When Robert Peraza knelt to say a prayer for the son he lost on Sept. 11, 2001, photographer Justin Lane caught the moment. It's one of the most-viewed images from Sunday's 10th anniversary of the terrorist attacks.
Georgia's top court is requiring the city of Statesboro to pay the legal costs of residents who sued it for violating the state's Open Meetings Act. The unanimous opinion upholds a Bulloch County judge's ruling that found the Statesboro mayor and city council met outside the city' hall chambers to discuss the city's 2011 budget.
Atlanta Public Schools officials say they plan to offer extra help to struggling students in the wake of a cheating scandal that has rocked the district. The Atlanta Journal-Constitution reports that current intervention programs designed to help students during the school day will be increased from 12 weeks to 25 weeks and expanded from 58 to all 100 schools.
The Census Bureau is expected to report today that the nation's poverty rate edged up again in 2010.
The other contenders spent much of the evening going after Texas Gov. Rick Perry. Some Tea Party supporters who were in the audience didn't like what they heard about him.
Shane Bauer, Josh Fattal and a third American Bauer's finance, Sarah Shourd were hiking in Iraq in July 2009 when they crossed the border into Iran. She was released on bail last year. All three have since been convicted of spying.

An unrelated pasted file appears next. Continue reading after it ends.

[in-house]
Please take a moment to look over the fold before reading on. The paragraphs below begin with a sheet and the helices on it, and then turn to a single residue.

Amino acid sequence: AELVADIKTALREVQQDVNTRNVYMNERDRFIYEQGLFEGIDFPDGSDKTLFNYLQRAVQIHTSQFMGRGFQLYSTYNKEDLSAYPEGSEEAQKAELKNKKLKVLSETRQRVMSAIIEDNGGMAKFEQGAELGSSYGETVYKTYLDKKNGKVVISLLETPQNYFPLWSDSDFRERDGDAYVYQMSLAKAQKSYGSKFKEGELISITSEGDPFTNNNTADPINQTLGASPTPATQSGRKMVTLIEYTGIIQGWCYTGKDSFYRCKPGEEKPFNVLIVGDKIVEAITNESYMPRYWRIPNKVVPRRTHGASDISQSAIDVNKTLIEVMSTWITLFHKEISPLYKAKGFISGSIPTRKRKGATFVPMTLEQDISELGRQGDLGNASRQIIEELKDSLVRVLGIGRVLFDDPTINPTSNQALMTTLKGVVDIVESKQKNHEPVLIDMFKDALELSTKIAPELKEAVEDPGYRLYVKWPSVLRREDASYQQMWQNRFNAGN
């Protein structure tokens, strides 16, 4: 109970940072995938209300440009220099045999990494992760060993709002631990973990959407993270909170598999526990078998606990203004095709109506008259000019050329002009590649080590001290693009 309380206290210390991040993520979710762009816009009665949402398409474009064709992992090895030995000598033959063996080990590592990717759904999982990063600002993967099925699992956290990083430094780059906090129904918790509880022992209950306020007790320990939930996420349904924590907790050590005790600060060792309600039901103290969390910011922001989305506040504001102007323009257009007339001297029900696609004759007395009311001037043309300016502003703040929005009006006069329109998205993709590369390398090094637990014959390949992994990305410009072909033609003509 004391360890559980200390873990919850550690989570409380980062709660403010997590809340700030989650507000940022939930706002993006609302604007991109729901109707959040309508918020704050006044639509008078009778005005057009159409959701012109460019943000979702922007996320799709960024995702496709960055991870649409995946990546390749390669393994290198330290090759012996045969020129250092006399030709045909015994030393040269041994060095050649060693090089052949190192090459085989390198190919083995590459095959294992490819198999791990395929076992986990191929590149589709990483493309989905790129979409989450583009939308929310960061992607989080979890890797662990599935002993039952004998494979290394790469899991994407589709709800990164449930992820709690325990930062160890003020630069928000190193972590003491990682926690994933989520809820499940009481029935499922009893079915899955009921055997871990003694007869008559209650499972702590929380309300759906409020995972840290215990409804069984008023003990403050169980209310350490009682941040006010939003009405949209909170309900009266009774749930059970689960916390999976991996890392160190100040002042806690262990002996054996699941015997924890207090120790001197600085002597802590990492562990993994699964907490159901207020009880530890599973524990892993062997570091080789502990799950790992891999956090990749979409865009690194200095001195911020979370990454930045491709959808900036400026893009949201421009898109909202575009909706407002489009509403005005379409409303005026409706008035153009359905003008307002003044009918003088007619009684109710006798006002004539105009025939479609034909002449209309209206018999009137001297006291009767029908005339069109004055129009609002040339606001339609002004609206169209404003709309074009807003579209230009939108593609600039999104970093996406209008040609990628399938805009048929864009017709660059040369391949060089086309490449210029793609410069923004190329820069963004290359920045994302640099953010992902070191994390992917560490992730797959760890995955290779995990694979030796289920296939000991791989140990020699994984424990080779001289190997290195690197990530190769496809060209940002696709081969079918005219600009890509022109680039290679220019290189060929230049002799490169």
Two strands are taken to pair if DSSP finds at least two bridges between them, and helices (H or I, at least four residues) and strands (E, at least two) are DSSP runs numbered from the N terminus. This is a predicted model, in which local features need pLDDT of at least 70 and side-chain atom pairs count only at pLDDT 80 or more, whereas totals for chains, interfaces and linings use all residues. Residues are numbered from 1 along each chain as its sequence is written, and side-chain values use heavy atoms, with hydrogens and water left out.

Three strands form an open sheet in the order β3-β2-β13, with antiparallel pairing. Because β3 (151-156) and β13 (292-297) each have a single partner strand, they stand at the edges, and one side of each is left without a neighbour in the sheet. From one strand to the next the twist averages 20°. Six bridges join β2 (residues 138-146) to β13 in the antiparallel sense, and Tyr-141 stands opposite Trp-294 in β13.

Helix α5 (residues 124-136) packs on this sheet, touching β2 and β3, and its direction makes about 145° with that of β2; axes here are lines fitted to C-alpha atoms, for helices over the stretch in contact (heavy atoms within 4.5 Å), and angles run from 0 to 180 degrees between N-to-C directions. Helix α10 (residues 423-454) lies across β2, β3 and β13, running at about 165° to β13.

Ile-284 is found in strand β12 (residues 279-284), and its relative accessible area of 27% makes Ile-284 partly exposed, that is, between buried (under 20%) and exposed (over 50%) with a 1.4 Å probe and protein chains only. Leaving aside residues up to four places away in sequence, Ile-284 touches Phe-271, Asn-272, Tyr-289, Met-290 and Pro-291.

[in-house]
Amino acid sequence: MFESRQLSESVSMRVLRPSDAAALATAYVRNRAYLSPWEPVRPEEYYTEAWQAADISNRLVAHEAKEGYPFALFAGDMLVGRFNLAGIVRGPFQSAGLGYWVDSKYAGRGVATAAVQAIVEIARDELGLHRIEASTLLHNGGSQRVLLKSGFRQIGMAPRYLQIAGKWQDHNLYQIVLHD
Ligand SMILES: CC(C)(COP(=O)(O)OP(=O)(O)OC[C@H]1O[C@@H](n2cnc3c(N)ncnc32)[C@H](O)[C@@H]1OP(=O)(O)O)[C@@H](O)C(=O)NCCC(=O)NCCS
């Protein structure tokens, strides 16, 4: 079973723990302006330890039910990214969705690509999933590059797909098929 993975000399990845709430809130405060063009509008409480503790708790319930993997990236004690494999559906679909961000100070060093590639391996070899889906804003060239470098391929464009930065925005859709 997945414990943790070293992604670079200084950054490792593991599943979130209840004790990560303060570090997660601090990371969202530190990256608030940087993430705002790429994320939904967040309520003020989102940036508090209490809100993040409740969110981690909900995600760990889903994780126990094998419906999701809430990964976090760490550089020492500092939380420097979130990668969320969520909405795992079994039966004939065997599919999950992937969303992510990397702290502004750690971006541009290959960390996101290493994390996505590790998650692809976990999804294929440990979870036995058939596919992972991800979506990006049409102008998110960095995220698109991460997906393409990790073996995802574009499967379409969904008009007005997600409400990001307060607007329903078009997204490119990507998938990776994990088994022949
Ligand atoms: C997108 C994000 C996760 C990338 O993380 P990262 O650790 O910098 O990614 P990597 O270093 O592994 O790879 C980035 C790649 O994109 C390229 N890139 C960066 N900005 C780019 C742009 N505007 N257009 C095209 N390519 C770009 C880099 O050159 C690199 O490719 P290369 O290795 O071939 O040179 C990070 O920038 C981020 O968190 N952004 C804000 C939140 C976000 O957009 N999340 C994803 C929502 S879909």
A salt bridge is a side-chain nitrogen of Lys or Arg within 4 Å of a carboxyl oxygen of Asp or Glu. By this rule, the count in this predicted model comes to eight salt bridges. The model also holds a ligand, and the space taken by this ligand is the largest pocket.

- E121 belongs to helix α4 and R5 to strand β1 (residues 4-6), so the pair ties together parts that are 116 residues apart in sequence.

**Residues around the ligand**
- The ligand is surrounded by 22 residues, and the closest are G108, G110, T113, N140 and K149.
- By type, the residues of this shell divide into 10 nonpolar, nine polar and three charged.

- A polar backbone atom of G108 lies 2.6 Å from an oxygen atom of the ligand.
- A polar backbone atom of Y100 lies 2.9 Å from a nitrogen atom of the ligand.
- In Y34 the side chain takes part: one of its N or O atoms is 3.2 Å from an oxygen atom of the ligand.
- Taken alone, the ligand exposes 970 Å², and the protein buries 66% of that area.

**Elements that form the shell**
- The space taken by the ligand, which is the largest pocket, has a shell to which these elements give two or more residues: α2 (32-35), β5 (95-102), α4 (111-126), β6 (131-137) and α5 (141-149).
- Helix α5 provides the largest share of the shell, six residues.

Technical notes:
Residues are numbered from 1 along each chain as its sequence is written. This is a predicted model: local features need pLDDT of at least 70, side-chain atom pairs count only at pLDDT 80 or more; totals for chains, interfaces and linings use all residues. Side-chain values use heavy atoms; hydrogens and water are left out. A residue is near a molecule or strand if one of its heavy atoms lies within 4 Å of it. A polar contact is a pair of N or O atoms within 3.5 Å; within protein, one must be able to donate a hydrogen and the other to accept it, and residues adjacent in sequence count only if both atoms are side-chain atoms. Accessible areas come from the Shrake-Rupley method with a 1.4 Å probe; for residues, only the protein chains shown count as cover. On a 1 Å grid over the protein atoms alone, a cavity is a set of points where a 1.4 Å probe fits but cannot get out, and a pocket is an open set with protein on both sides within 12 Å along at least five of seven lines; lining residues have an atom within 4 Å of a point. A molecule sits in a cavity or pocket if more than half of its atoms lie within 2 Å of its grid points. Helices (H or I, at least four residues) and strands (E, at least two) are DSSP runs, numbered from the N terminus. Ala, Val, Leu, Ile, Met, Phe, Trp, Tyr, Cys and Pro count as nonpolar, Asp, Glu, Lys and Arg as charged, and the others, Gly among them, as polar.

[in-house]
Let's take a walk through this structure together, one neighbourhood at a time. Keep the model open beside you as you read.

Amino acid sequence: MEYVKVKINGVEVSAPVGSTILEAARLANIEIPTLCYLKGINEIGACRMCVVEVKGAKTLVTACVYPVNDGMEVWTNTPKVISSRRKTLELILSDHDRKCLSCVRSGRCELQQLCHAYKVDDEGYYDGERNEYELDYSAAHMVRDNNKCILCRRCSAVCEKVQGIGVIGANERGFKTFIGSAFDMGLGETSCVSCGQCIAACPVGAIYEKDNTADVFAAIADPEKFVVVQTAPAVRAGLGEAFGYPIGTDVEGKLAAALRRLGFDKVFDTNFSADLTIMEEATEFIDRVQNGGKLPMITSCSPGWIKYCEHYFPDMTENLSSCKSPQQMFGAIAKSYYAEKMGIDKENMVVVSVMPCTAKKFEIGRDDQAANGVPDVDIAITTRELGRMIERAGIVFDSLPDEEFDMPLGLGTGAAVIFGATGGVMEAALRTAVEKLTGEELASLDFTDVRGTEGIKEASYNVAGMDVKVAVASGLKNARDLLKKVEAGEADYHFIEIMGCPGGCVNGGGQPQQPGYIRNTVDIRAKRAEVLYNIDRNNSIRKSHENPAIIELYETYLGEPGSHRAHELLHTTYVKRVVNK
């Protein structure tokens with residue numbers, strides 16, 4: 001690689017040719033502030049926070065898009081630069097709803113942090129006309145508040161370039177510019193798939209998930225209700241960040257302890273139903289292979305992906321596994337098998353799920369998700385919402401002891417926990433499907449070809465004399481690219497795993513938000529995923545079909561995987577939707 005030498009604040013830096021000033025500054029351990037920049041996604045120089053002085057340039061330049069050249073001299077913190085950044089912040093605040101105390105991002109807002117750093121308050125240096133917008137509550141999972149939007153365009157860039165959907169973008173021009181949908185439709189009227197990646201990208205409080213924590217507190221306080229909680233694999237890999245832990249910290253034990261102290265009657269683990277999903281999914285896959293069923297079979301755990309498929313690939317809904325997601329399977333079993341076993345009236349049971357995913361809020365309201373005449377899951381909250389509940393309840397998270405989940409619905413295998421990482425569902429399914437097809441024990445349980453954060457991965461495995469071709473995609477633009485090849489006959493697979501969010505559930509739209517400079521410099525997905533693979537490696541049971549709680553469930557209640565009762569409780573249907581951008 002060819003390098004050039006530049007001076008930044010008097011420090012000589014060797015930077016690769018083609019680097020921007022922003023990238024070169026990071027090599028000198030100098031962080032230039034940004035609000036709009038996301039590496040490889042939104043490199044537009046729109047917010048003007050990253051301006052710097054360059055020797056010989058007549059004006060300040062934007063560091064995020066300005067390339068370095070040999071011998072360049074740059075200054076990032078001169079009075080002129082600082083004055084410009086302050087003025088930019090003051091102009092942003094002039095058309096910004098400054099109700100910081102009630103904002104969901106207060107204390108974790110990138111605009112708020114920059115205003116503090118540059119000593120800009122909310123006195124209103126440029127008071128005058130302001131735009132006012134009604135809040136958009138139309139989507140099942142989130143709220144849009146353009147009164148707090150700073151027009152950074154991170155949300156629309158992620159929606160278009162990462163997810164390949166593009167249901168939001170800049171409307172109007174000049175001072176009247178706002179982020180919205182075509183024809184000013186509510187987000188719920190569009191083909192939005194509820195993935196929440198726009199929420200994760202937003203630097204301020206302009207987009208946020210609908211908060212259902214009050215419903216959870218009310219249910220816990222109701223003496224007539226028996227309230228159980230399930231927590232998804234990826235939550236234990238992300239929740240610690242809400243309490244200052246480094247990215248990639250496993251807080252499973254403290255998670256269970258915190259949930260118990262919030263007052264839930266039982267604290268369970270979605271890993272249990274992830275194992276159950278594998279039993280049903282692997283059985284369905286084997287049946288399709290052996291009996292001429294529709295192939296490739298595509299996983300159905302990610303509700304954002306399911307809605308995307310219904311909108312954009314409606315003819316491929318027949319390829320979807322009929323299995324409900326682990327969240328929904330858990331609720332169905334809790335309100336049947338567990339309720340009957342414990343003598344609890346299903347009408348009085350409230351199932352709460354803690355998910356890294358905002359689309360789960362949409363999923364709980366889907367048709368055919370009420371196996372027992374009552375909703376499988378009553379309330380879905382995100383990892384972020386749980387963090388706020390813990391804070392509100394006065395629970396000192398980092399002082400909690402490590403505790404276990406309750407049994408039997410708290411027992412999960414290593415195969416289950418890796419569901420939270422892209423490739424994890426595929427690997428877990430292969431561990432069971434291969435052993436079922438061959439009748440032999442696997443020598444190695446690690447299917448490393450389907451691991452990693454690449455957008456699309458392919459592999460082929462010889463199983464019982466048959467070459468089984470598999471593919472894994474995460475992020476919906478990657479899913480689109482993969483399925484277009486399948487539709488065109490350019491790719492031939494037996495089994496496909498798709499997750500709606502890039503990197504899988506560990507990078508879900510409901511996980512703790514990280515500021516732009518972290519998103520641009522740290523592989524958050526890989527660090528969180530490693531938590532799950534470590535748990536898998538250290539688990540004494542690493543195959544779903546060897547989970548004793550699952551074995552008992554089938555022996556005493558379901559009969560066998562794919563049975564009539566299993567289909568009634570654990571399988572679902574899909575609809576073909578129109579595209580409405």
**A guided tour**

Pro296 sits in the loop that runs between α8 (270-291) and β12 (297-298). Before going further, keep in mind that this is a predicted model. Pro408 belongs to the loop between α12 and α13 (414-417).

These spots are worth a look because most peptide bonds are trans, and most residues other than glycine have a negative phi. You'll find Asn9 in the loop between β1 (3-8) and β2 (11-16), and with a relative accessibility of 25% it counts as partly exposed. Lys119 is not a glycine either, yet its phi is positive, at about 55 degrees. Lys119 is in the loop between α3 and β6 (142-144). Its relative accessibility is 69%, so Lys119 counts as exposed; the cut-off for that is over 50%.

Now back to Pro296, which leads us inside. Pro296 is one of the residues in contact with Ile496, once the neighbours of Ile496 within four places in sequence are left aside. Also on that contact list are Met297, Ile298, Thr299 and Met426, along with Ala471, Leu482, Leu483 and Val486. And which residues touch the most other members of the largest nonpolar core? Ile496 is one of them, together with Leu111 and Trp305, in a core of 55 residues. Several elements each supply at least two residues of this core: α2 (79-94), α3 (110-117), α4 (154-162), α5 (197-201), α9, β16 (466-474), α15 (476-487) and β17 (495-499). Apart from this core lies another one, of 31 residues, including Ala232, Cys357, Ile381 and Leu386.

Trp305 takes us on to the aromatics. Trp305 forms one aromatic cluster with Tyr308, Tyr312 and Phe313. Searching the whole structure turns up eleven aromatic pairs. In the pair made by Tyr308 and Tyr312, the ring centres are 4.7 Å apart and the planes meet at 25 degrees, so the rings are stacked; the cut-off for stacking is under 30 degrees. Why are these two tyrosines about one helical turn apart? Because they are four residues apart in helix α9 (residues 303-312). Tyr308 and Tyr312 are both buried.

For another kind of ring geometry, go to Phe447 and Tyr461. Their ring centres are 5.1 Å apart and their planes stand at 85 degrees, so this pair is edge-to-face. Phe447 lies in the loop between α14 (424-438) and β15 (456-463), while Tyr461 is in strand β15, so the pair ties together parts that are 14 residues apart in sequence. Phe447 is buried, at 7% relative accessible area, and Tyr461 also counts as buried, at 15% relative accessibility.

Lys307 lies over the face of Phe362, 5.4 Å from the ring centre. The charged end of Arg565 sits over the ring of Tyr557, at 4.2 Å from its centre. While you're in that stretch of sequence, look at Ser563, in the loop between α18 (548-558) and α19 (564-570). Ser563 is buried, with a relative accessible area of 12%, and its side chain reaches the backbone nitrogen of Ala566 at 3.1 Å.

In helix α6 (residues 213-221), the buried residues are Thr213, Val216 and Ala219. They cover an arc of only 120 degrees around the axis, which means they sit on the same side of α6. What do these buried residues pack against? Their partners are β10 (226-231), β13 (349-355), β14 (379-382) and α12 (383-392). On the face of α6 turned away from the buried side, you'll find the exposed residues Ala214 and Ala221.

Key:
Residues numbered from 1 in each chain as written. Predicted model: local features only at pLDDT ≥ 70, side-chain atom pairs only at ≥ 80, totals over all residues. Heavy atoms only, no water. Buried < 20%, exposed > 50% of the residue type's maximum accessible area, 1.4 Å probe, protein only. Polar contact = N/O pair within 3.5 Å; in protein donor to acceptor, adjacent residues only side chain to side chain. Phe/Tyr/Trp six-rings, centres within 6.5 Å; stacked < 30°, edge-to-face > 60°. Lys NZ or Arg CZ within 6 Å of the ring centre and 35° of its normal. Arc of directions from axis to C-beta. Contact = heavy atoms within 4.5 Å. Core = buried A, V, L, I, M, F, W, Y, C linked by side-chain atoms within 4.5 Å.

The U.S. embassy is among the buildings under attack this morning. An embassy spokesman says the staff has taken shelter.
Serena Williams' recent outburst against an umpire at the U.S. Open represented poor sportsmanship, some say, and could have excluded her from a Grand Slam tournament. Professors and referees point to high salaries and contract pressures as the likely cause of the increase of angry athletes.
Gunfire and explosions rock the heart of the Afghan capital, Kabul, as insurgents fired in the direction of the U.S. Embassy, NATO headquarters and other official buildings. The Taliban claimed responsibility for the attack.
Six months after the accident at the Fukushima nuclear plant, the Japanese government has declared eight areas near the reactors as potential no-go zones for the next two decades. Many residents remain homeless. Beyond the hot zone, many people have decided to stay, but are worried about elevated radiation levels.